My opinion

By Dr. Deepak Gupta
Corresponding Author Dr. Deepak Gupta
Self, - United States of America
Submitting Author Dr. Deepak Gupta

Fecal Capsules, Seminal Capsules, Assisted Reproductive Technology, Hypertensive Disorders Of Pregnancy

Gupta D. Are Fecal Capsules As Pro-Biotic Making The Case For Seminal Capsules As Anti-Eclamptic? Worth Exploring For The Future Of Safer Assisted Reproductive Technology. WebmedCentral OBSTETRICS AND GYNAECOLOGY 2021;12(5):WMC005723

This is an open-access article distributed under the terms of the Creative Commons Attribution License(CC-BY), which permits unrestricted use, distribution, and reproduction in any medium, provided the original author and source are credited.
Submitted on: 22 May 2021 12:28:35 AM GMT
Published on: 28 May 2021 05:45:14 AM GMT

My opinion

The questions we must ask ourselves.

  • Is human body composed of not only human cells but also non-human cells like microbes numbering in trillions [1]?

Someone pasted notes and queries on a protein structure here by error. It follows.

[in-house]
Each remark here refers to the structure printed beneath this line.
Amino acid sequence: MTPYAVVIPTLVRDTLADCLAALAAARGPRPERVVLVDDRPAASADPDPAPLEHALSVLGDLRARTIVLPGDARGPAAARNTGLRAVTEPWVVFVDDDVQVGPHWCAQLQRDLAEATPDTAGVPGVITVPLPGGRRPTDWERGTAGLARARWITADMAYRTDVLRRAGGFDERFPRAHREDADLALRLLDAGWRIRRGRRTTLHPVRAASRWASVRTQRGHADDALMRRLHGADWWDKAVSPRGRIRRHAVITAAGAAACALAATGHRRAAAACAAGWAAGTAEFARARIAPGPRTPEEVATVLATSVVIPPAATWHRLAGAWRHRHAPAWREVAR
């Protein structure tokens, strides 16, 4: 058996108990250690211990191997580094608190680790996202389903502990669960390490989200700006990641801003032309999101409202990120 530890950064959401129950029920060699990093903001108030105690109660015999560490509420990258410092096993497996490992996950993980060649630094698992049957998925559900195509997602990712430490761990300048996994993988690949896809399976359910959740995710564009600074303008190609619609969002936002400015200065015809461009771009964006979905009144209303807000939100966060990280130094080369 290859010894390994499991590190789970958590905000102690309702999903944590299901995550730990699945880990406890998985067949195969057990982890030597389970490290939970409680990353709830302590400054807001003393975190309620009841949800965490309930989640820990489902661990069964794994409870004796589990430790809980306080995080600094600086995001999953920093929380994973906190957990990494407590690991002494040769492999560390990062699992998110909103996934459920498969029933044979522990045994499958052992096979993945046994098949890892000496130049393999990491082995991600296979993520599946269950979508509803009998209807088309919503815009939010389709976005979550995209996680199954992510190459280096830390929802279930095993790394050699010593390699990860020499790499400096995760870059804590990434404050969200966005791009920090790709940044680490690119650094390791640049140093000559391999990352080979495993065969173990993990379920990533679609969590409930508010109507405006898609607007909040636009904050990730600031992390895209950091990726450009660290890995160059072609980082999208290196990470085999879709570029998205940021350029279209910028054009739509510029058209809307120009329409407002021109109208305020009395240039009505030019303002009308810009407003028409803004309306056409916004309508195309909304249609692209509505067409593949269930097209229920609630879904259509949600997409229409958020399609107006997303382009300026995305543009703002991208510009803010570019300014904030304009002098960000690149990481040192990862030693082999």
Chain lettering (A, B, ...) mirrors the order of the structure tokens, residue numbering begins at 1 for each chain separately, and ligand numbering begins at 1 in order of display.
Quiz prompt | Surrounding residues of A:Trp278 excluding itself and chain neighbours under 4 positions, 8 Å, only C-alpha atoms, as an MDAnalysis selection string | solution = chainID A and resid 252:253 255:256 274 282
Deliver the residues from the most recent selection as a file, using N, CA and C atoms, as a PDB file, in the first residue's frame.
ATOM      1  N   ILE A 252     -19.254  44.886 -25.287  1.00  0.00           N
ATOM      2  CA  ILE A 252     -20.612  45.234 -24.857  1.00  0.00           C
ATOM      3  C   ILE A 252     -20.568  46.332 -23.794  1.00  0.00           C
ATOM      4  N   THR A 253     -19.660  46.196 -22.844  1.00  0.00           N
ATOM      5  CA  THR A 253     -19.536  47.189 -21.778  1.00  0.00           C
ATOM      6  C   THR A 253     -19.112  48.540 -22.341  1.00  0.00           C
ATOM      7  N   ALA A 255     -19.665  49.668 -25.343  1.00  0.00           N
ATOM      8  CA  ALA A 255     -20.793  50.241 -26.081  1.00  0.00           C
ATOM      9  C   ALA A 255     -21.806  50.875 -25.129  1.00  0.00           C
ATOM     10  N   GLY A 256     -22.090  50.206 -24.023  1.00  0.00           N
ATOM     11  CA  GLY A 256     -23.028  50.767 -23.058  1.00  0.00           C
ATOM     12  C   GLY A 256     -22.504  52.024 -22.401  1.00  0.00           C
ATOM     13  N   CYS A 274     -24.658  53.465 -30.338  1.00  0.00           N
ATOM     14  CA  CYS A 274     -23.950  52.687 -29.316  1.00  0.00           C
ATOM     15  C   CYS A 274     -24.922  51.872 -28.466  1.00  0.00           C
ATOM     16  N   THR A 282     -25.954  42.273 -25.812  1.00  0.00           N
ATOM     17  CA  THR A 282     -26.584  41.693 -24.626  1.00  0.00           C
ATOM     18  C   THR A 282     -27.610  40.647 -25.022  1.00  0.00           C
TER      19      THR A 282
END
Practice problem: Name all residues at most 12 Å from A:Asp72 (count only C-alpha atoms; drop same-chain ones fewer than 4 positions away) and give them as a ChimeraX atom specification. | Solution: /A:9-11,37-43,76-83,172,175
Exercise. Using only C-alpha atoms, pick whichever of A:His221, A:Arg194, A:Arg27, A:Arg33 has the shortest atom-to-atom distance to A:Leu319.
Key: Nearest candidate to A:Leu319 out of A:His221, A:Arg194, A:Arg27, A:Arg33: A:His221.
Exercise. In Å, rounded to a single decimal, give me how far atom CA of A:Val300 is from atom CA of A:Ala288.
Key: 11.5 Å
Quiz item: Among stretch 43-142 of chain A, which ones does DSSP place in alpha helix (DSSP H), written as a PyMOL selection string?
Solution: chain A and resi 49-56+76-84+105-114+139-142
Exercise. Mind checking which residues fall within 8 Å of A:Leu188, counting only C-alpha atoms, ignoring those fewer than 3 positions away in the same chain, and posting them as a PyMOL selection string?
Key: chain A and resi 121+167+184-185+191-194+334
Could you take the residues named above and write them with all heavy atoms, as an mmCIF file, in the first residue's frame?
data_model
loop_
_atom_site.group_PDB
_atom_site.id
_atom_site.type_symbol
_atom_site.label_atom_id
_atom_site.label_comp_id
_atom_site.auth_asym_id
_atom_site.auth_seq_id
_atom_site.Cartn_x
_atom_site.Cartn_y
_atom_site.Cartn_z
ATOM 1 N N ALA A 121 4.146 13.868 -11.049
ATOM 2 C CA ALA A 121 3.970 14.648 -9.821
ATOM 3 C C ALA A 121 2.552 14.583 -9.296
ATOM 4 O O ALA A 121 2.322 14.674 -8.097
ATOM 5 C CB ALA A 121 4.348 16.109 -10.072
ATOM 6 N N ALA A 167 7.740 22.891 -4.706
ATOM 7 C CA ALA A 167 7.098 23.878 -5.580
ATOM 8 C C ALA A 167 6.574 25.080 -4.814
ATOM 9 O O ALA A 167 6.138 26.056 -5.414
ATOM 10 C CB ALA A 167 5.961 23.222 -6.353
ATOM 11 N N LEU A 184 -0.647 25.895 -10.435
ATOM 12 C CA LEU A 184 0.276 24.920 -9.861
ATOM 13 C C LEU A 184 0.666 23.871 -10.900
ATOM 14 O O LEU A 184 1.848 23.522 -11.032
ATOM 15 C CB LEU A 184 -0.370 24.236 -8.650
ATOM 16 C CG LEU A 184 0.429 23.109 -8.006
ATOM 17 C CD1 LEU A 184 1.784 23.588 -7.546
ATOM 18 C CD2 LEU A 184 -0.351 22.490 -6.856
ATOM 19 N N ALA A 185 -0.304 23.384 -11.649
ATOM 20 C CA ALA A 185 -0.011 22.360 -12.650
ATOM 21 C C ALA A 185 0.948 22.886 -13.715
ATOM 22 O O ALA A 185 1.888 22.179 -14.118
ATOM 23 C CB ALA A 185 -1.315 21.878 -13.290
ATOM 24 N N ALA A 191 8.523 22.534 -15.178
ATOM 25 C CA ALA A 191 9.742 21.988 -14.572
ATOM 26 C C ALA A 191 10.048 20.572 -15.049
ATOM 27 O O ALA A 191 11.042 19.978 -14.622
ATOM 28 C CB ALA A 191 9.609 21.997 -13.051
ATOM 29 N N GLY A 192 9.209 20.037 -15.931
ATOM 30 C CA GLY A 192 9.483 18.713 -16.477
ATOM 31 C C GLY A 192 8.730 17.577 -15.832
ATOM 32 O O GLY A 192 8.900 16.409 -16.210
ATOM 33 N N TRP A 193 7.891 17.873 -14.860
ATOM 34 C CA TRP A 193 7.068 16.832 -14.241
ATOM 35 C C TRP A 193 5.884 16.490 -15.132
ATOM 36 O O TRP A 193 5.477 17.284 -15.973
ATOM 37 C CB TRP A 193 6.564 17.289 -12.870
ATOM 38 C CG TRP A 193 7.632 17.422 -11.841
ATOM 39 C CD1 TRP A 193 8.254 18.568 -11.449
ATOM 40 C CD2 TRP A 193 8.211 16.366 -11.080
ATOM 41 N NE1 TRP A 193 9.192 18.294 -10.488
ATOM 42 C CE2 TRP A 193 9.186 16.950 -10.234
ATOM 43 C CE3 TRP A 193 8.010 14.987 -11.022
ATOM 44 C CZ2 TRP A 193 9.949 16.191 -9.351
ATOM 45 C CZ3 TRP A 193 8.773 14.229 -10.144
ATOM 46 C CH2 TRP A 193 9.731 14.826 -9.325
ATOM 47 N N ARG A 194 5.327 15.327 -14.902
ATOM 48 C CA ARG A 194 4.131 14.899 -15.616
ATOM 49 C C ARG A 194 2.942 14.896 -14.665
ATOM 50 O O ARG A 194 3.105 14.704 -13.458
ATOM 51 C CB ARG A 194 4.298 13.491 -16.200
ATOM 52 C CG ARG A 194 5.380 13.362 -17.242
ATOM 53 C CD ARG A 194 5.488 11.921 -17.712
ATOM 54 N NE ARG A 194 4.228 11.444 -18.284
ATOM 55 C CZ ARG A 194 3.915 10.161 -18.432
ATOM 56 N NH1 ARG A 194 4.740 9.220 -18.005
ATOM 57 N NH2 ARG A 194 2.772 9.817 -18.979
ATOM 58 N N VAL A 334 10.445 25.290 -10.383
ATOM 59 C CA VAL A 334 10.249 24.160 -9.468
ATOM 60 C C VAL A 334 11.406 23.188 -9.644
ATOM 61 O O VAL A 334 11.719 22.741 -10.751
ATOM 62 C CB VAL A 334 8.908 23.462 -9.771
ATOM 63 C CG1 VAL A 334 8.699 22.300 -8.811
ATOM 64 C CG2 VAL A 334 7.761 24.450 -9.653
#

• Do these microbes turn human gastrointestinal tract into the biggest immune system that human body has [1-2]?
  • Have modern human beings learnt to lose their microbiome by their dietary habits and their exposure to chemicals [3]?
  • Are modern human beings relearning to gain back the lost microbiota by ingesting industrialized probiotics?
  • Will modern human beings lap up to medicalized coprophagia to contain over-extensive loss of their microbiota [4-8]?


Only time will reveal the answers. However, the availability of fecal capsules at least for biomedical and clinical human research opens up another avenue that may not appear as abhorring as ingesting fecal capsules to replenish gastrointestinal microbiome and reenergize gastrointestinal immune system. That avenue is ingesting seminal capsules for biomedical and clinical human research to make or break the case of slow-steady development of immune tolerance among future mothers-to-be by increasing their bodies' exposure to sperm and semen so as to counter incidence of preeclampsia like hypertensive disorders of pregnancy [9-13].